What is the gravitational force in m/s^2 on the surface of an infinitely long cylinder with radius r and density p?

I am pretty sure that it is finite as gravity is the inverse square of the distance, but I am unsure how to work it out.

I am hoping that this can be answered in the form of a formula containing only variables r and p and maybe a few constants if necessary.


1 Answer 1


Gauss' law for gravity says that $$\oint_{\partial S}{\vec{g}.d\vec{A}}=-4\pi Gm$$

If we use a cylindrical Gaussian surface of length $l$ and radius $R=$ radius of the infinite cylinder, the mass enclosed will be $\rho \pi R^2l$

The right hand side of the equation is $$g*2\pi Rl$$

Equating the two we get $$g*2\pi Rl=-4\pi G\rho \pi R^2l$$

So $$g=-2\pi G\rho R$$ at the surface of the cylinder.

  • $\begingroup$ Does the negative sign mean that grativy pushes away from the cylinder, or is it just a consequence of using scalars instead of vectors (meaning it doesn't really matter), or am I just misinterpreting something here? $\endgroup$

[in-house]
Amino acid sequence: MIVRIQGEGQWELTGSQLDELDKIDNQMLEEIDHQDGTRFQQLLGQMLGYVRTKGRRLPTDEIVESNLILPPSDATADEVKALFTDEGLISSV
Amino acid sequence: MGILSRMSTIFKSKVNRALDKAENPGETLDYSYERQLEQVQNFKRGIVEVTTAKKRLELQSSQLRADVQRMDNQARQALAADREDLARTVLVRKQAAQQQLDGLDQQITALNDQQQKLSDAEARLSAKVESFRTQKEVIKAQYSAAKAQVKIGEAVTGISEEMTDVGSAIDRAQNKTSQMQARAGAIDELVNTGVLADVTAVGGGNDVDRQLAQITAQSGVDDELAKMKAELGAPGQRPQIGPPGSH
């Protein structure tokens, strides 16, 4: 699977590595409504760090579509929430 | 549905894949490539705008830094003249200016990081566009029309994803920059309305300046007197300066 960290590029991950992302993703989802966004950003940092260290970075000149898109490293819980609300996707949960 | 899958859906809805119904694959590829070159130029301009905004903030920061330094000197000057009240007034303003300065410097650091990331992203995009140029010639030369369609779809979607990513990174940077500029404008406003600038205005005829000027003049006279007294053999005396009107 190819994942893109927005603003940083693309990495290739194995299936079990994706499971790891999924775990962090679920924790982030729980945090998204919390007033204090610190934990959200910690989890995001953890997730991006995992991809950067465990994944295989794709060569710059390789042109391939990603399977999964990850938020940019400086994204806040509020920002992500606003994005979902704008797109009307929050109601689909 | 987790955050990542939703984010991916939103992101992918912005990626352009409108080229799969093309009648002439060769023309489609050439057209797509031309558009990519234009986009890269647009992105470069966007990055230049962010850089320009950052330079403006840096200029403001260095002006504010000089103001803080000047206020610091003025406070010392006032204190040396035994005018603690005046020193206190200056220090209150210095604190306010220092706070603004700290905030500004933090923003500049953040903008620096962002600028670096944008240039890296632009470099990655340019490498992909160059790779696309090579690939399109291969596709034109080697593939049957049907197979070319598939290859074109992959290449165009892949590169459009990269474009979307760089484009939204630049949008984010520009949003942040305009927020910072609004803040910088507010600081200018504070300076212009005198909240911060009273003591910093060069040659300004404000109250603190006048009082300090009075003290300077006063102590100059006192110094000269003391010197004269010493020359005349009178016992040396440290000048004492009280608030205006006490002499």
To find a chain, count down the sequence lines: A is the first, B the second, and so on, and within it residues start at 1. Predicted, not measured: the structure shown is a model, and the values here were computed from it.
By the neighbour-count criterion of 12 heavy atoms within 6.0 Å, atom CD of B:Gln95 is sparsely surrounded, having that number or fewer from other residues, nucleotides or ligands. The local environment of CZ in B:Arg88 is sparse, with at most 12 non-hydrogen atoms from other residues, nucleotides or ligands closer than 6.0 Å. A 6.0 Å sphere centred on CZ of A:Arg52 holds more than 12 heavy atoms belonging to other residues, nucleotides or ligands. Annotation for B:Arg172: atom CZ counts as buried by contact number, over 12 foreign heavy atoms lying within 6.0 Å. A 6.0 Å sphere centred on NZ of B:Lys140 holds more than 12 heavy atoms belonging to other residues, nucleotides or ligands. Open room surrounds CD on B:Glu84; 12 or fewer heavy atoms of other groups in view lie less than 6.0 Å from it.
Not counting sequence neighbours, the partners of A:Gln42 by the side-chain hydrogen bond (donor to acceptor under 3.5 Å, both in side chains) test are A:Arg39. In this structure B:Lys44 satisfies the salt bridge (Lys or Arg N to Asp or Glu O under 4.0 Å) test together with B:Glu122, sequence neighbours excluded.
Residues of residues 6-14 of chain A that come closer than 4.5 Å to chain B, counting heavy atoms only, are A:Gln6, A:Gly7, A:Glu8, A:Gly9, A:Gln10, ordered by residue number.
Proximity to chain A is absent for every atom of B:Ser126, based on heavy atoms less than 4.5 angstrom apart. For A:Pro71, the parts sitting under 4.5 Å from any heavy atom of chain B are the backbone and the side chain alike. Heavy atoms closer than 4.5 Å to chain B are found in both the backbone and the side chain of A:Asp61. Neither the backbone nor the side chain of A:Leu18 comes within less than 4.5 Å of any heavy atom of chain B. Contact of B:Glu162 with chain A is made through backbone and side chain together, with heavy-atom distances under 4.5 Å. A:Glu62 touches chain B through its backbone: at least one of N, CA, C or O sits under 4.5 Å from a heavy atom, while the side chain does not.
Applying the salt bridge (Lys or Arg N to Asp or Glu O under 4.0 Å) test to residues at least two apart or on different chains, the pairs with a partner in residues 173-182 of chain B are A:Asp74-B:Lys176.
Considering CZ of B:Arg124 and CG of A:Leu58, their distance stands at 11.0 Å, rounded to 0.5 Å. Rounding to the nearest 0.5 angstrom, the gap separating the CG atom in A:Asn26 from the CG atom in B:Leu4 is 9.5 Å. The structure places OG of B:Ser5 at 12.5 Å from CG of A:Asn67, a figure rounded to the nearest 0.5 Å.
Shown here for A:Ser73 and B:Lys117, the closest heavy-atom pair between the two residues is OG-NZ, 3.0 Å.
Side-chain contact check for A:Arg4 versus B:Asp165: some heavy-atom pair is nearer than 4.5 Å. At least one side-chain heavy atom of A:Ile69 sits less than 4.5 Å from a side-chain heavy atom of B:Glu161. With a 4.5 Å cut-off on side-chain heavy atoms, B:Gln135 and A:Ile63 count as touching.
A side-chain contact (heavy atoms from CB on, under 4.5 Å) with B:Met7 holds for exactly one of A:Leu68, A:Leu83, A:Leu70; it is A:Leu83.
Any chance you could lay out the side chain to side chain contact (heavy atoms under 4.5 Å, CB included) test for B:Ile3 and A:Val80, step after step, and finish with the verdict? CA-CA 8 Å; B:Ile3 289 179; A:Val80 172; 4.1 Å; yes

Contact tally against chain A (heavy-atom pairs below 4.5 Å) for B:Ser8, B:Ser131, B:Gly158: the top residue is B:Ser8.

– Harmless
    Commented Apr 12, 2017 at 10:15
  • $\begingroup$ @MarkAnonym: which way does the vector R point? $\endgroup$ Commented Apr 12, 2017 at 10:26
  • $\begingroup$ I think I have strayed a bit too far into mathematics I don't actually know - I assumed variables p and R would be scalars or at least positive but I'm not actually sure given the equation. The question I am asking is would the gravity still attract objects towards the cylinder despite the answer to the equation being negative? $\endgroup$
    – Harmless
    Commented Apr 12, 2017 at 11:28
  • $\begingroup$ @MarkAnonym: yes, $g$ is positive away from the cylinder, so $g < 0$ means things are attracted to it. On Earth $g\approx -9.8\,\mathrm{m}\mathrm{s}^{-2}$ for instance. Incidentally what you call $p$ is really $\rho$: the density of the cylinder. $\rho$ and $R$ are both scalars (another comment notwithstanding). $\endgroup$
    – user107153
    Commented Apr 12, 2017 at 12:18
  • $\begingroup$ Just to check, would gravity still work as an inverse square law? In other words, would it be possible for me to work out the gravity at any distance from the axis of the cylinder? $\endgroup$
    – Harmless
    Commented Apr 12, 2017 at 19:57

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